Doctors disagree over allergy question at Jonnie Meek inquest

The tragic death of toddler Jonnie Meek at Stafford Hospital was likely contributed to by his reaction to a new feed he was given, doctors agreed.

John Meek and April Keeling lost their son Jonnie in 2014
John Meek and April Keeling lost their son Jonnie in 2014

The three-year-old, from Cannock, went into the hospital on August 11, 2014, for a pre-planned appointment for him to be set up on a new feed. He began suffering breathing trouble and despite oxygen treatment, he died less than three hours after arriving at the hospital.

Jonnie was disabled, living with the genetic disorder De Grouchy Syndrome, asthma, skin conditions and dietary intolerances. He had a history of breathing issues and vomiting up food.

Throughout his life his family and doctors trialled various new non-dairy feeds to try and get him to keep food down and put on weight.

It was for one of these feeds that he went into hospital on August 11, for a trial of a solution he had been given in a higher dose earlier that year and had a negative reaction to.

This week a second inquest into his death, held in Shrewsbury, has been hearing from his parents John Meek and April Keeling as well as the doctors, nurses and dieticians who knew the family.

On Wednesday three doctors gave their evidence: pathologist Dr Tamas Marton, who conducted a post mortem exam of Jonnie; fellow pathologist Dr Andreas Marnerides, who also studied the case; and paediatrician and allergy specialist Dr Donald Hodge.


The doctors had differing views on whether Jonnie suffered an allergic reaction to the feed, with Dr Martinedes inferring from a certain kind of white blood cell found in his body that an anaphylactic reaction was the likely answer.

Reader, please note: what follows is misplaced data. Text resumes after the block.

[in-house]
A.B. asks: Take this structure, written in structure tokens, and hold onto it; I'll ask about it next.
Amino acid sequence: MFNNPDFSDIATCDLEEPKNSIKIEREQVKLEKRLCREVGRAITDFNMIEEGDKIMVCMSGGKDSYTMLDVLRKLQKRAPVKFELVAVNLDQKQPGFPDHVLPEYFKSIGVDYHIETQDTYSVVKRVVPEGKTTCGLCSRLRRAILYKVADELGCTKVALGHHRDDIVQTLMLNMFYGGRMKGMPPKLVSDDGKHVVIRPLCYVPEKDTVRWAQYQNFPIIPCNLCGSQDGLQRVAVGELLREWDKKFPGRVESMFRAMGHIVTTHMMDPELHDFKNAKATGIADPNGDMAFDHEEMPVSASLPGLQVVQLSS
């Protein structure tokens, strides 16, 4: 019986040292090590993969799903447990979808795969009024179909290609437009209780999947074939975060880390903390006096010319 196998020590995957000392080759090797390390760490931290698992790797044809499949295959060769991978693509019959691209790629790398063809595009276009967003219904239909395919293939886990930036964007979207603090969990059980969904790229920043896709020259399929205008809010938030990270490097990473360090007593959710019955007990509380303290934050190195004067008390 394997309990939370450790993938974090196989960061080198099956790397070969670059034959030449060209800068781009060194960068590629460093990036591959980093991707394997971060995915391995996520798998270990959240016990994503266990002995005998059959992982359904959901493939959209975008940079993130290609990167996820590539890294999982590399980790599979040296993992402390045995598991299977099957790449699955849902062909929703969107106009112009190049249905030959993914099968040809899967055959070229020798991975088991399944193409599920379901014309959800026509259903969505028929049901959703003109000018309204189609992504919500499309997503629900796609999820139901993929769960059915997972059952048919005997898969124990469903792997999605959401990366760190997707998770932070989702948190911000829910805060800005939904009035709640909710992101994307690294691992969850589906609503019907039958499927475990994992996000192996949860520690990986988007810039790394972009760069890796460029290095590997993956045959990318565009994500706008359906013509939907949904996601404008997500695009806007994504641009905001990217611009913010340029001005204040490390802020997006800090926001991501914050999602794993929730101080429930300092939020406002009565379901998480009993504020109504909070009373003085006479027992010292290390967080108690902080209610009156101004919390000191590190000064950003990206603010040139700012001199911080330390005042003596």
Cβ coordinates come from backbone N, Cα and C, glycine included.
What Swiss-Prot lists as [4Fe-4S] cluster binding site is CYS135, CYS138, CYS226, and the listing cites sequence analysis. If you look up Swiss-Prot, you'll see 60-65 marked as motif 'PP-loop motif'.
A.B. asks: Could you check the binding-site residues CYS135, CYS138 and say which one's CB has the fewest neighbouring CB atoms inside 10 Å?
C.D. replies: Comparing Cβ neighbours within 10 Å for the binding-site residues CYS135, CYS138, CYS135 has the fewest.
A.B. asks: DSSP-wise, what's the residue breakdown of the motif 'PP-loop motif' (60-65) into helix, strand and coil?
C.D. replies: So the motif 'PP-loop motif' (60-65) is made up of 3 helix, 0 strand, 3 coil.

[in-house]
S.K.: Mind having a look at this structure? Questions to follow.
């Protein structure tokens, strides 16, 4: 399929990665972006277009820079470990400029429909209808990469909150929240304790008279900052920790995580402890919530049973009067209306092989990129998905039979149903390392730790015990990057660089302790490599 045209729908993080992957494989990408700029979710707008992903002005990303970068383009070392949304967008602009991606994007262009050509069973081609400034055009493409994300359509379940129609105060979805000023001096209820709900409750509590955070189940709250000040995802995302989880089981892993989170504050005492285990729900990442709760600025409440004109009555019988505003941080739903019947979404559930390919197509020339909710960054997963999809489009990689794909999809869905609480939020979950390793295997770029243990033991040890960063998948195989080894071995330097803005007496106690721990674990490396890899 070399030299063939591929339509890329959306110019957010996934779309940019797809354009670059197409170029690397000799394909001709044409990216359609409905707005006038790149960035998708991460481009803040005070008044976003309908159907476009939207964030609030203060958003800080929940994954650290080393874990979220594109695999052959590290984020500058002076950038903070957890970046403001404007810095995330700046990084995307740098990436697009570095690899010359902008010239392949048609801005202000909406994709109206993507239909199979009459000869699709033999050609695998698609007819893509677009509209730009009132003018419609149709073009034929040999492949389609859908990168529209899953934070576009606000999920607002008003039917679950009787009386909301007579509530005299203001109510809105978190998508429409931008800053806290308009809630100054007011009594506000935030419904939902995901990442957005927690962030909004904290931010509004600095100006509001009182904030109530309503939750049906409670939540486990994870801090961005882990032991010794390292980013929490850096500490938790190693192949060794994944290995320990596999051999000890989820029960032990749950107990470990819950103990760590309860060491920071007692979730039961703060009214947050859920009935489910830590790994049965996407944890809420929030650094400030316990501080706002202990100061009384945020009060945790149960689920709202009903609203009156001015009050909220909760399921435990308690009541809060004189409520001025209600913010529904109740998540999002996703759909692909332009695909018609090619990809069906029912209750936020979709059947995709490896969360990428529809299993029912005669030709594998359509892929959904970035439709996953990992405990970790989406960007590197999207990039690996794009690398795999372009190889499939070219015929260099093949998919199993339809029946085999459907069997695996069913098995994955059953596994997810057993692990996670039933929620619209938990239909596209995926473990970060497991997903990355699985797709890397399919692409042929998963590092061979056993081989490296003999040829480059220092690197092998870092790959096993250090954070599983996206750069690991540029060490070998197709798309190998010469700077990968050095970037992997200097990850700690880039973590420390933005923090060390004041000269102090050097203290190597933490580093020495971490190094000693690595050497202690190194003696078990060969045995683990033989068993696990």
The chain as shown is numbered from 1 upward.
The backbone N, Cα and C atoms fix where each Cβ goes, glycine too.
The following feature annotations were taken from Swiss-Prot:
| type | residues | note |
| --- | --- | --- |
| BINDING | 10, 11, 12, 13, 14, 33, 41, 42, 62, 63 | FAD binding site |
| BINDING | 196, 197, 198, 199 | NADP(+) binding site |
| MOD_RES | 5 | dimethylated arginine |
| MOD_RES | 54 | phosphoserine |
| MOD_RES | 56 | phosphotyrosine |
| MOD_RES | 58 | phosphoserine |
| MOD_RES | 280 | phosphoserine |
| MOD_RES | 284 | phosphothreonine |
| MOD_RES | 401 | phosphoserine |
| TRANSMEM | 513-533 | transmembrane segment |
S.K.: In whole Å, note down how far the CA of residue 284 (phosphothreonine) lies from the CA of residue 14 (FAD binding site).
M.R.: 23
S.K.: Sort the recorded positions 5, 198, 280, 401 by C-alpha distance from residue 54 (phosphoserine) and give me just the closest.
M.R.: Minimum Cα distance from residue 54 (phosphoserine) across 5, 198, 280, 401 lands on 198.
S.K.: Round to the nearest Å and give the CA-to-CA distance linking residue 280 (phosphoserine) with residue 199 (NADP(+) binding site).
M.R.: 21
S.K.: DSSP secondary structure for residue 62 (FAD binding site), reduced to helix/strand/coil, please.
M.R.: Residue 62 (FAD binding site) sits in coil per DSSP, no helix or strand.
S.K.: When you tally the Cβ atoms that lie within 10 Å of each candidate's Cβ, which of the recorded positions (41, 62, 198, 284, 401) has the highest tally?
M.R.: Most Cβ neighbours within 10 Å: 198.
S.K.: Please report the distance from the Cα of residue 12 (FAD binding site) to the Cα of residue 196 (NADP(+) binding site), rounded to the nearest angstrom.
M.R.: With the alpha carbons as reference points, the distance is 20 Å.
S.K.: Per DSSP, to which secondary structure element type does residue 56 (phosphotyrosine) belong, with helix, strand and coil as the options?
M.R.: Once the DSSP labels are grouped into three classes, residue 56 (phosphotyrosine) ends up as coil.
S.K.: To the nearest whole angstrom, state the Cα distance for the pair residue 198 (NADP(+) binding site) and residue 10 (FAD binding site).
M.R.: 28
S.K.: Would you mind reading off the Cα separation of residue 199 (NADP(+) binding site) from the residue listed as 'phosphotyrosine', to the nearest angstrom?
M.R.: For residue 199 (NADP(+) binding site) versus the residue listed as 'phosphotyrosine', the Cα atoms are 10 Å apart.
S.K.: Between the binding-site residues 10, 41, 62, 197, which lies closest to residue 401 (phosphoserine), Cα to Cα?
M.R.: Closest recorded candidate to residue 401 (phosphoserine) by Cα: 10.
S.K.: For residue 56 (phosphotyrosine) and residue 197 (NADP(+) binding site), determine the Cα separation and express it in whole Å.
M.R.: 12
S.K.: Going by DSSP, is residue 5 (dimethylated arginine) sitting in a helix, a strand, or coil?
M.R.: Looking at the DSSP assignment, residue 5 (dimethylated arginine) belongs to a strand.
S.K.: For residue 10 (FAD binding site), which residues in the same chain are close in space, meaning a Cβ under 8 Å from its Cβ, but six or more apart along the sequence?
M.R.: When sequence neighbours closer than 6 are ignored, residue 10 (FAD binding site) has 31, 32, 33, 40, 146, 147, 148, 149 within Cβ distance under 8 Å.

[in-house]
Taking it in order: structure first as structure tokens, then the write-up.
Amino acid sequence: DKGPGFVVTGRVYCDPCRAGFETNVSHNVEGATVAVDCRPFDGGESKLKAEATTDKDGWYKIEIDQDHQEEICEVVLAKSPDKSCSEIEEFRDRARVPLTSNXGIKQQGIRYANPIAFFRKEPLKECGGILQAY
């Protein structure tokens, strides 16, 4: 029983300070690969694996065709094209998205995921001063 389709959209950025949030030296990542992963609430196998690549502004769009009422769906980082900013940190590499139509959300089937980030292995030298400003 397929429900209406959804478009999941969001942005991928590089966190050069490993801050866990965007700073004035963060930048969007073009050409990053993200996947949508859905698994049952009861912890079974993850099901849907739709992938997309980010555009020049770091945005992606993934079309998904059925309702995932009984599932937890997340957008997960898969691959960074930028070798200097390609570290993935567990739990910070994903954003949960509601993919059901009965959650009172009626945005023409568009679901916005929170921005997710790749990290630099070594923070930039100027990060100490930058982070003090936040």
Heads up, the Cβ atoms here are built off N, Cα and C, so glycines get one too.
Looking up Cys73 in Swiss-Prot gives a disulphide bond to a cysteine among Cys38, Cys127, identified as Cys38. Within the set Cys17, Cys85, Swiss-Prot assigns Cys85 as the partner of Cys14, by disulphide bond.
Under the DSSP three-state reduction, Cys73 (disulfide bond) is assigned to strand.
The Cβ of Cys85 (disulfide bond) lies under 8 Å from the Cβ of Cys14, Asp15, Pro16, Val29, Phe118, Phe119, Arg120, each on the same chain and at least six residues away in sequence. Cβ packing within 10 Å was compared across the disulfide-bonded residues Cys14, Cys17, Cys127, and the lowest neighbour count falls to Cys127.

He said that he had encountered cases where someone had touched something they were allergic to with no reaction, then encountered the same thing on a second occasion and died.

Dr Marton pointed out that Jonnie's lungs were already badly-damaged from his past breathing issues and said that he could have died with or without having the new feed.

He said that the types of white blood cells observed in Jonnie were not exclusively seen in allergy patients.

Dr Martinedes pointed out how quickly Jonnie deteriorated after the trial started, saying: "Children that are dying are not being taken to hospital to see what milk they will be given."

All of the doctors were able to agree that Jonnie's adverse reaction to the feed, if not necessarily allergic, did contribute to his death.

Dr Hodge said: "I think it's quite clear he had an adverse reaction to the feed. I can't get away from the fact that he came into hospital for an elective procedure and died during that procedure.

"I am surprised Jonnie never met an allergy doctor."

He agreed there was a "chance" that Jonnie's reaction was allergic.

All of the evidence has now been heard, and Shropshire's coroner John Ellery will consider his findings before making a conclusion today.

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